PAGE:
Sex, wine and naps: the health secrets of centenarians
The 'Blue Zones' are geographical areas of the world where people live measurably longer, happier and healthier lives than the rest of us. Despite being separated by oceans, there are recognisable traits that tie these diverse cultures together. The formula for a long and fulfilling life is woven effortlessly into their daily lifestyle. Employ some of their lessons in your own life to cultivate a lifestyle of longevity of your very own.
Stress causes inflammation, which we know is at the route of most chronic disease. Even Blue Zone residents experience stress, but they also have practices in place to manage it. The Ikarians of Greece enjoy a healthy sex life and take a daily nap. In Sardinia, relaxation comes with a vino at sunset, while the Seventh Day Adventists of Loma Linda, California make time for daily prayer and set Saturdays aside for a full day of rest.
Eat in moderation
Overeating is not common practice for any of the longest-lived people. The Ikarians fast regularly according to their religious calendar, while in Nicoya, Costa Rica and Loma Linda they eat a light dinner early in the evening.
The longest lived people exercise everyday but, not in the way we think of exercise; they live in environments that encourage them into activity. The Ikarians and Okinawans of Japan build activity into their daily lives by spending time tending to their gardens, while the residents of Loma Linda take long daily walks.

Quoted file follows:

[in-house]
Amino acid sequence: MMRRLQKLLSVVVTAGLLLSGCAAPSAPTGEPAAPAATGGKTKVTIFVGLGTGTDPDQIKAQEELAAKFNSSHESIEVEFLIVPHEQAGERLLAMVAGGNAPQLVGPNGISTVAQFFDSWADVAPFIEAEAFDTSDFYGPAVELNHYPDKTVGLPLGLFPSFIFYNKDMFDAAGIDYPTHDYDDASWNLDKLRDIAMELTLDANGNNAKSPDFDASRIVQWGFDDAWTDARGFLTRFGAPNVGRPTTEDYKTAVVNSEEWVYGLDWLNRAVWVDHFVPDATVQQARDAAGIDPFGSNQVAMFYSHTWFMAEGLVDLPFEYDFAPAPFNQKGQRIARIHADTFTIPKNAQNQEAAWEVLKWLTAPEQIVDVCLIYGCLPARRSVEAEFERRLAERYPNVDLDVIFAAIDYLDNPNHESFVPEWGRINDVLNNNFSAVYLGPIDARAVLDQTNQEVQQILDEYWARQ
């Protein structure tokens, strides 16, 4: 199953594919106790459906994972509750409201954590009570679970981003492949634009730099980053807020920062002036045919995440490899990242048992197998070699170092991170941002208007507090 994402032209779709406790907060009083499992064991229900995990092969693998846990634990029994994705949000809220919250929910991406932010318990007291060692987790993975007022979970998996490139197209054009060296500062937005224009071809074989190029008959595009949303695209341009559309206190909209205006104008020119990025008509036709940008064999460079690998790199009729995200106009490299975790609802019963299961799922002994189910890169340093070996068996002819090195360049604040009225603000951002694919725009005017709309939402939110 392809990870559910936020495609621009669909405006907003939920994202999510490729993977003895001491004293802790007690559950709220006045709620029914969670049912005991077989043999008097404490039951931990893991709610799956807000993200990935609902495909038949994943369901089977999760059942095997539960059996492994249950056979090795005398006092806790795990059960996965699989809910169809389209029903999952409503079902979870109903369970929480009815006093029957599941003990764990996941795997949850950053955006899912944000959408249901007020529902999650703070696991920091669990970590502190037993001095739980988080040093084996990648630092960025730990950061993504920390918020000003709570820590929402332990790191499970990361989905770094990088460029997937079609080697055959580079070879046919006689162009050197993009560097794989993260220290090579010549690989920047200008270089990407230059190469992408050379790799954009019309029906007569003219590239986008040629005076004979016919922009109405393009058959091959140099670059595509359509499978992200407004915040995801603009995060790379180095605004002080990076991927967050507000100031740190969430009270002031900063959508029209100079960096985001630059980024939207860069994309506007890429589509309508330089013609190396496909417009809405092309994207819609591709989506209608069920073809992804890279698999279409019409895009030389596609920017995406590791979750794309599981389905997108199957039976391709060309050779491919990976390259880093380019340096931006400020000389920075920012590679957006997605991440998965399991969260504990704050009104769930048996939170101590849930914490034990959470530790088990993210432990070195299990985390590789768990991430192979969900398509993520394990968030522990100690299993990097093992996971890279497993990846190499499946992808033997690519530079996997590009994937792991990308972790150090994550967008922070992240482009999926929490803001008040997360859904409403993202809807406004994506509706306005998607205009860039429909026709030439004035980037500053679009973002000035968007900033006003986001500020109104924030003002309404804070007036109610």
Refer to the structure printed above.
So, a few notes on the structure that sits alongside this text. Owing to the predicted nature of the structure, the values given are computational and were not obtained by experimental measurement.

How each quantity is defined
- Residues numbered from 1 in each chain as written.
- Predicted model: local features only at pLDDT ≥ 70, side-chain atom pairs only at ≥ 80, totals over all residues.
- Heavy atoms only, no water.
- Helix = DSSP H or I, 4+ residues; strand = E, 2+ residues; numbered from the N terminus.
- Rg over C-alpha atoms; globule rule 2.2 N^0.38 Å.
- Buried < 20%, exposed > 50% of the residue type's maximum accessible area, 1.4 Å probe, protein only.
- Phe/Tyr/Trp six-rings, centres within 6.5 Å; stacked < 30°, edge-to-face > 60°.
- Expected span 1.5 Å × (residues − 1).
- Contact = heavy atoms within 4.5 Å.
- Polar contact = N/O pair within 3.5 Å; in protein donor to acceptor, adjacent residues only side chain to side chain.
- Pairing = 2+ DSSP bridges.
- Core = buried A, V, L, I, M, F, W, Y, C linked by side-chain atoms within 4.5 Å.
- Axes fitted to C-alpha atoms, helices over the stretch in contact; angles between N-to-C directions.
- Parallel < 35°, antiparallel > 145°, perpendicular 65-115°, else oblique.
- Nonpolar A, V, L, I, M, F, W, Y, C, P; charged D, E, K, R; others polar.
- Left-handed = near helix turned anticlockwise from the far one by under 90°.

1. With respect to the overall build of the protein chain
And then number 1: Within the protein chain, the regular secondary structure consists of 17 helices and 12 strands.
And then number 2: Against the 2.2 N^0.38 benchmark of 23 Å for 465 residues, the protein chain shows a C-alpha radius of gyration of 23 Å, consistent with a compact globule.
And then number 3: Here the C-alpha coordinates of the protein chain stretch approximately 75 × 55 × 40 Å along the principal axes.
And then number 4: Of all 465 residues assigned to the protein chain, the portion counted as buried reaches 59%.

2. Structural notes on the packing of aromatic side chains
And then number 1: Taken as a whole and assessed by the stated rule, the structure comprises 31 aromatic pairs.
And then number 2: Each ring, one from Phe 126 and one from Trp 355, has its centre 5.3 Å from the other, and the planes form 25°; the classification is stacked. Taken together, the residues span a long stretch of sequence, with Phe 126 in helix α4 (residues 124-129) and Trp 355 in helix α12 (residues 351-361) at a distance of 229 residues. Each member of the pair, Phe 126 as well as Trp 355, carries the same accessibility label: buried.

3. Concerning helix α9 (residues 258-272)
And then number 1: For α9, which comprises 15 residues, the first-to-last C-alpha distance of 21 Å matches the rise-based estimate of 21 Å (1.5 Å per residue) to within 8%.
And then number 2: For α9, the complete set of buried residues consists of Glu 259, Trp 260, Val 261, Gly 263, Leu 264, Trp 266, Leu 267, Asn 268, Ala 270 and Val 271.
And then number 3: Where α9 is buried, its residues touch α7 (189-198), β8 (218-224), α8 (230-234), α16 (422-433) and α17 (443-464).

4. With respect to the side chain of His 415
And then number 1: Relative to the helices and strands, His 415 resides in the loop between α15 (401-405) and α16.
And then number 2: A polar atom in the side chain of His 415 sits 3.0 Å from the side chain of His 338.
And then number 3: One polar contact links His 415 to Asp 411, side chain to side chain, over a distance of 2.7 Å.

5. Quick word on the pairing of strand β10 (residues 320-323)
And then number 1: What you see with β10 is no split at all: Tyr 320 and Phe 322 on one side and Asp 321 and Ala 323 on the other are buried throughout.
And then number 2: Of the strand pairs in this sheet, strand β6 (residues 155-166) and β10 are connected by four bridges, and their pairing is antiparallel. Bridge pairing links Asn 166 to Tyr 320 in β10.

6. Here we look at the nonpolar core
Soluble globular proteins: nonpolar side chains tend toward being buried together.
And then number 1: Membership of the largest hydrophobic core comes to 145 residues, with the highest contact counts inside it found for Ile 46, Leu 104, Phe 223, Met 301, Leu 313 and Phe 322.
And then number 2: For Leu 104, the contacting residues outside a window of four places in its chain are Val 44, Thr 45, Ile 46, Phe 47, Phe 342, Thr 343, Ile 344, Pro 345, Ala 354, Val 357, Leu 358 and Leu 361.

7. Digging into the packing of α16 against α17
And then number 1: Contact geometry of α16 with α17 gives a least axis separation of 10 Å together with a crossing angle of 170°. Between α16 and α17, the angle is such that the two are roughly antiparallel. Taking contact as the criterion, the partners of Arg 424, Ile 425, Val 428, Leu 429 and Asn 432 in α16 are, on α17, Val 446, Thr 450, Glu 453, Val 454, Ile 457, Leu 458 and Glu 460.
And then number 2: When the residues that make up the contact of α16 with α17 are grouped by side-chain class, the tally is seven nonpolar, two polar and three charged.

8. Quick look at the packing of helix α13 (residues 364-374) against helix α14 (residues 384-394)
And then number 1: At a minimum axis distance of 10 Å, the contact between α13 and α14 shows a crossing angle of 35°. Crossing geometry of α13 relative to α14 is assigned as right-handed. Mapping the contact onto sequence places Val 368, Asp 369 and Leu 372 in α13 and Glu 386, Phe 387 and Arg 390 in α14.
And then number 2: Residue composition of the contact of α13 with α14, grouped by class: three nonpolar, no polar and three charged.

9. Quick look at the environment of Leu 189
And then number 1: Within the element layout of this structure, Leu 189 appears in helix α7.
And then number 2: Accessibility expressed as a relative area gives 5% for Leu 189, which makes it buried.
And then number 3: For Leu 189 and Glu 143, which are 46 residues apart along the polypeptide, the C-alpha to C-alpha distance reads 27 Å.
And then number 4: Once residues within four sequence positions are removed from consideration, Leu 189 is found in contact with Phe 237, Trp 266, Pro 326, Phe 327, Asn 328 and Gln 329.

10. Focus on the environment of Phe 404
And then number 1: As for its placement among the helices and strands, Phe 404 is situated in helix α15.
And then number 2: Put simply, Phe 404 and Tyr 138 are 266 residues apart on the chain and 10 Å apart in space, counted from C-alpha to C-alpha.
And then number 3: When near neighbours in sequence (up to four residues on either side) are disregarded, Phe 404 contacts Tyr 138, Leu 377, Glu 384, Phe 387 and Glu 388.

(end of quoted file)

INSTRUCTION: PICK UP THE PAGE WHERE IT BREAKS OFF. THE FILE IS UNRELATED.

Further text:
Time spent with family and friends is a priority for all of the Blue Zone populations. Nicoyan centenarians live with their families, in Sardinia the elders are celebrated and grandparents play a pivotal role in raising their grandchildren. The elder Okinawans remain smug and likable, spending time in the company of the younger generations to preserve their own youthful attitude.
Know thy purpose
Blue Zone residents know their life purpose and can readily articulate it. In Nicoya a 'plan de vida' (or sense of purpose), is essential part of feeling needed by their community. The elders of Okinawa know their 'ikigai' or reason for being, which imbues their life with a strong sense of meaning.
Build a network
Seventh Day Adventists of Loma Linda spend their time within their community; belonging to a network of likeminded people that share the same beliefs enriches their wellbeing. The Okinawans work to maintain their 'moai', a safety net of support and security in times of hardship. In Sardinia, the men gather in the street of an afternoon to socialise and share a laugh.
Eat more plants
In Nicoya, the traditional diet of maise and beans is packed with fibre, an essential longevity ingredient. The Sardinian diet is made up of whole-grains, fruit, vegetables, grass-fed pecorino sheep cheese and goats milk. The Okinawans diet is mostly vegetables and plant-based protein from tofu, while on the Seventh Day Adventist vegetarian diet, nuts and legumes provide protein and fibre.
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